It was apparently not until 1933, when James Bryant Conant became its president, that the University recognized the existence of the Western United States. Then Harvard seemed suddenly to realize that a vast, intellectually unexplored territory existed beyond the Connecticut. This new emphasis was crystallized with the inauguration of the National Scholarship plan. All of the students who benefited by this program came from Ohio, Kentucky, Tennessee, and points west. In the course of time these scholarships, because of their large stipends, became the most desirable awards in the college. Thus the eastern part of the nation tended to be disregarded as the West received more and more of these academic plums, although actually the amounts offered to the Atlantic seaboard did not decrease.

But with the announcement that the full-expense scholarships will be given to Massachusetts students next year, New England is, making a comeback in round three. The original reason for limiting the scholarships to the West was to make Harvard a national rather than a local institution. That aim has been accomplished at the expense of New England. The new policy is an attempt to restore the balance between East and West.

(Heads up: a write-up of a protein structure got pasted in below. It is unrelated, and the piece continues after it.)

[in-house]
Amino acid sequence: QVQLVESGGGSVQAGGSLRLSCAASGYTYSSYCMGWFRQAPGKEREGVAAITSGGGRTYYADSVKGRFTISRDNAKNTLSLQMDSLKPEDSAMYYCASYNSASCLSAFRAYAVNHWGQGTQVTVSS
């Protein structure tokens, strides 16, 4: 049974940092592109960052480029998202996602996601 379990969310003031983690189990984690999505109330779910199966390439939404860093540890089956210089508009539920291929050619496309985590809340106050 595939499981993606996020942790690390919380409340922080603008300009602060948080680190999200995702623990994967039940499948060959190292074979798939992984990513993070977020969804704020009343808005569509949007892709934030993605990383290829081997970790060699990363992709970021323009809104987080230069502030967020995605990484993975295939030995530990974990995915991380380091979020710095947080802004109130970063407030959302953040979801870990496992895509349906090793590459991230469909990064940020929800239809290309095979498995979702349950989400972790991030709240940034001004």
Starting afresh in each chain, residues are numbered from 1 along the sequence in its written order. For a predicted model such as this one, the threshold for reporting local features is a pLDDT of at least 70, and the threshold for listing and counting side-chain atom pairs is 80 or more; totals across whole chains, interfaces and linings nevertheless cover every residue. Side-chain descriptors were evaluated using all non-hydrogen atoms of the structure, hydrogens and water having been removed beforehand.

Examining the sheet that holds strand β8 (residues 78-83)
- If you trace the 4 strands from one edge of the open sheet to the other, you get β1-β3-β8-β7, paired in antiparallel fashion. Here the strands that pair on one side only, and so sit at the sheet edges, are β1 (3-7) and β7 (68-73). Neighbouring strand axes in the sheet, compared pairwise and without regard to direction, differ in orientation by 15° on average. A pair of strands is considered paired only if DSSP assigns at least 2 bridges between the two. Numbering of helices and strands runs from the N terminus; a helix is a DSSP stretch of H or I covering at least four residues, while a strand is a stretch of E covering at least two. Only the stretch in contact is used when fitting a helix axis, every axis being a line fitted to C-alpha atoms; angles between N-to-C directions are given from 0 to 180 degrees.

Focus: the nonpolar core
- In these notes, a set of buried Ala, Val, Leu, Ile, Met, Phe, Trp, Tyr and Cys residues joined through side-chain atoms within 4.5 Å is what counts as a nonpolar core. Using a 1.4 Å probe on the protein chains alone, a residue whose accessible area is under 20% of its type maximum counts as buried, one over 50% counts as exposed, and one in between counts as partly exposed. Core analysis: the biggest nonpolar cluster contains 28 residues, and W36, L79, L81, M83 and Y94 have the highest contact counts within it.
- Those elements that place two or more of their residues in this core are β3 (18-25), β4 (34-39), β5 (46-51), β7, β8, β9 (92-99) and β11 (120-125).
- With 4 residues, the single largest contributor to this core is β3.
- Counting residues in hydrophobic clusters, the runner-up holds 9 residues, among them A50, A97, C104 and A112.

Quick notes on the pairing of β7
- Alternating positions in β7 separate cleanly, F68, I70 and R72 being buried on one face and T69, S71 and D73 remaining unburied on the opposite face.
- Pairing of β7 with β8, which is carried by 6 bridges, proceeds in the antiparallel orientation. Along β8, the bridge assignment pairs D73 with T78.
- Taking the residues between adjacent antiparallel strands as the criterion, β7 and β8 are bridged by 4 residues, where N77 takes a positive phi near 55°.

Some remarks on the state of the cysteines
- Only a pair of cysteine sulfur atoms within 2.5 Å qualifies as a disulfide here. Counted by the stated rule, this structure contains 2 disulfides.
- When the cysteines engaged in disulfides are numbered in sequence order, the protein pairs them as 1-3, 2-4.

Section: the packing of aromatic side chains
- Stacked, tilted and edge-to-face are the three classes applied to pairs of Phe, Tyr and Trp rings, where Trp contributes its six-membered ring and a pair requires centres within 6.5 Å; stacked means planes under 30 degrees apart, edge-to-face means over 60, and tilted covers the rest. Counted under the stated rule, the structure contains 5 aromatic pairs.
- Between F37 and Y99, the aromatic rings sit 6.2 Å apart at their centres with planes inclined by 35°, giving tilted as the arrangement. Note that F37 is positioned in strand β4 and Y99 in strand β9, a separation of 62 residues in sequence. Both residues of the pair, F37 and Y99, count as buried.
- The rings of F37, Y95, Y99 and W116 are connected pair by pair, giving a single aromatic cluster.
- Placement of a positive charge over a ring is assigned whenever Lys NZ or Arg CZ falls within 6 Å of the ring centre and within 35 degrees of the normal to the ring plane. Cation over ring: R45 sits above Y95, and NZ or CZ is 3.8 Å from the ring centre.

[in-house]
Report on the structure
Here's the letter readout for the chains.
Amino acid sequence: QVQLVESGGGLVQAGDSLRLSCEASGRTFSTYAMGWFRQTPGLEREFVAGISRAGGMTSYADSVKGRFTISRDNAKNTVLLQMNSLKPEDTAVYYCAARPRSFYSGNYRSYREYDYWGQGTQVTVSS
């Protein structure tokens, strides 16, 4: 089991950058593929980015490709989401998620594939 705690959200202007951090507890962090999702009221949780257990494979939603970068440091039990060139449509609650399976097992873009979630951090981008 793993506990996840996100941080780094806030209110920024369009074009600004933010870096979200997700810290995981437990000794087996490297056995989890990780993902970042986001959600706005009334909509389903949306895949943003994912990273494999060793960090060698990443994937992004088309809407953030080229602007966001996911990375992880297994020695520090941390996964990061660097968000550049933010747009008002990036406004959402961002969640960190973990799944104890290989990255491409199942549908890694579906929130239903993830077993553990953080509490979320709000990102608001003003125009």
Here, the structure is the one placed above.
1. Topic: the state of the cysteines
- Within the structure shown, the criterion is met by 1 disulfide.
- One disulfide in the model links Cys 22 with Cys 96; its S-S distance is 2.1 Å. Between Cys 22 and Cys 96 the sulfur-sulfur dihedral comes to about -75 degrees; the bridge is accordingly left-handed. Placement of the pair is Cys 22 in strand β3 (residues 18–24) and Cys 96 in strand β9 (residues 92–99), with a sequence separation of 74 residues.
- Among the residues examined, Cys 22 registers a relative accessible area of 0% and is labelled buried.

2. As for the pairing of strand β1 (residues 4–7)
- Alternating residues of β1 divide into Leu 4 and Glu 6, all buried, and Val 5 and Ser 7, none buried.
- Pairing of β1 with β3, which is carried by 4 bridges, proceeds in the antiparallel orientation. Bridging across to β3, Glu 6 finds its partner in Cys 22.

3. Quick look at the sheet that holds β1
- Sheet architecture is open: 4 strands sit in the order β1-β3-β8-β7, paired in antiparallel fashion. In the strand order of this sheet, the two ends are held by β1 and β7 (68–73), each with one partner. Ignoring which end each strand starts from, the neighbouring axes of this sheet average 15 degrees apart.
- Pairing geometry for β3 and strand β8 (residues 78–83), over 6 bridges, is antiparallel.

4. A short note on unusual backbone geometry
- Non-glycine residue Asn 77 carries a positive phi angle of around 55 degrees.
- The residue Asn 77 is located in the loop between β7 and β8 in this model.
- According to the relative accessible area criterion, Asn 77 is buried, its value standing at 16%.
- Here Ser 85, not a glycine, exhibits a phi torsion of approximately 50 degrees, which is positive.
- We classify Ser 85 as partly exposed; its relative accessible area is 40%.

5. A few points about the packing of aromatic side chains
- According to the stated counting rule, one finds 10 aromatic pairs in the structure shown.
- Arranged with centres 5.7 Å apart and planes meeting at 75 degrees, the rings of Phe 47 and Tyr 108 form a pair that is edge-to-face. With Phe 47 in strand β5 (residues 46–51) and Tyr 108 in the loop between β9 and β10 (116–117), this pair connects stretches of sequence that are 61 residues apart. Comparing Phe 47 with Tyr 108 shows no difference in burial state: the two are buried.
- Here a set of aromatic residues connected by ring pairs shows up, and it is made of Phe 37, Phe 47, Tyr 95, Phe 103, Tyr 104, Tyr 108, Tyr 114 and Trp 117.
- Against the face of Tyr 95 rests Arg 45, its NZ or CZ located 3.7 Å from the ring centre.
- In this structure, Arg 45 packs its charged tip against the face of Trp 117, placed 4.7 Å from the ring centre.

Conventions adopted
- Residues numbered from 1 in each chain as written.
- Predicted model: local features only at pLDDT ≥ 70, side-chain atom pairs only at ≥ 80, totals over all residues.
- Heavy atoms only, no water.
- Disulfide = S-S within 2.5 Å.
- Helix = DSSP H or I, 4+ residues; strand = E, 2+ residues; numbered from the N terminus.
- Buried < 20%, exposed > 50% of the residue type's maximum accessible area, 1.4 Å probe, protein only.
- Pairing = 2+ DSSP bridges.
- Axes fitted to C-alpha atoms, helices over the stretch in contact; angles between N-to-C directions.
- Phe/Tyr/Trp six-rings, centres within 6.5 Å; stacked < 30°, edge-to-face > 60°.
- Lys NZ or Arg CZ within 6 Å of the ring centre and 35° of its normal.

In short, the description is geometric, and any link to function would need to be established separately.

Coincident with this development another move of perhaps even greater importance to Greater Boston students was announced. All Freshman commuters, including the non-resident scholars, the new type of National Scholars, will be offered study halls in the dormitories and noon meals at reduced rates in the Union. In addition, those commuters will be able to eat and study in the Houses as well-all of which shows further the increased concern of the College in local students.

The advantage of this second aspect of the program are many. Commuters will be given a base of operations for activities throughout the day and evening. They will be able to eat with their resident classmates in the Union and the Houses, and thus enlarge their range of acquaintances. They will be given increased prestige in the eyes of their fellow students. In sum, they will be brought into closer contact with college life in general, with sports and extra-curricular activities as well as academic studies.

Naturally, the scheme has its limitations. The room and food rates will probably be excessive for many commuters, and this will tend to limit the number of beneficiaries. Furthermore, although many of the Yardling commuters will be helped, relatively few non-resident upperclassmen will ever be affected.


Both the extension of National Scholarships to Massachusetts and the proposal of study rooms, nevertheless, constitute a Godsend for the commuter. Eventually, it is to be hoped, more New England students will be given National Scholarships and more non-resident upperclassmen will obtain House privileges. Eventually also the balance between local students and students from other regions must be adjusted; then Harvard's scholarship plan will be truly national.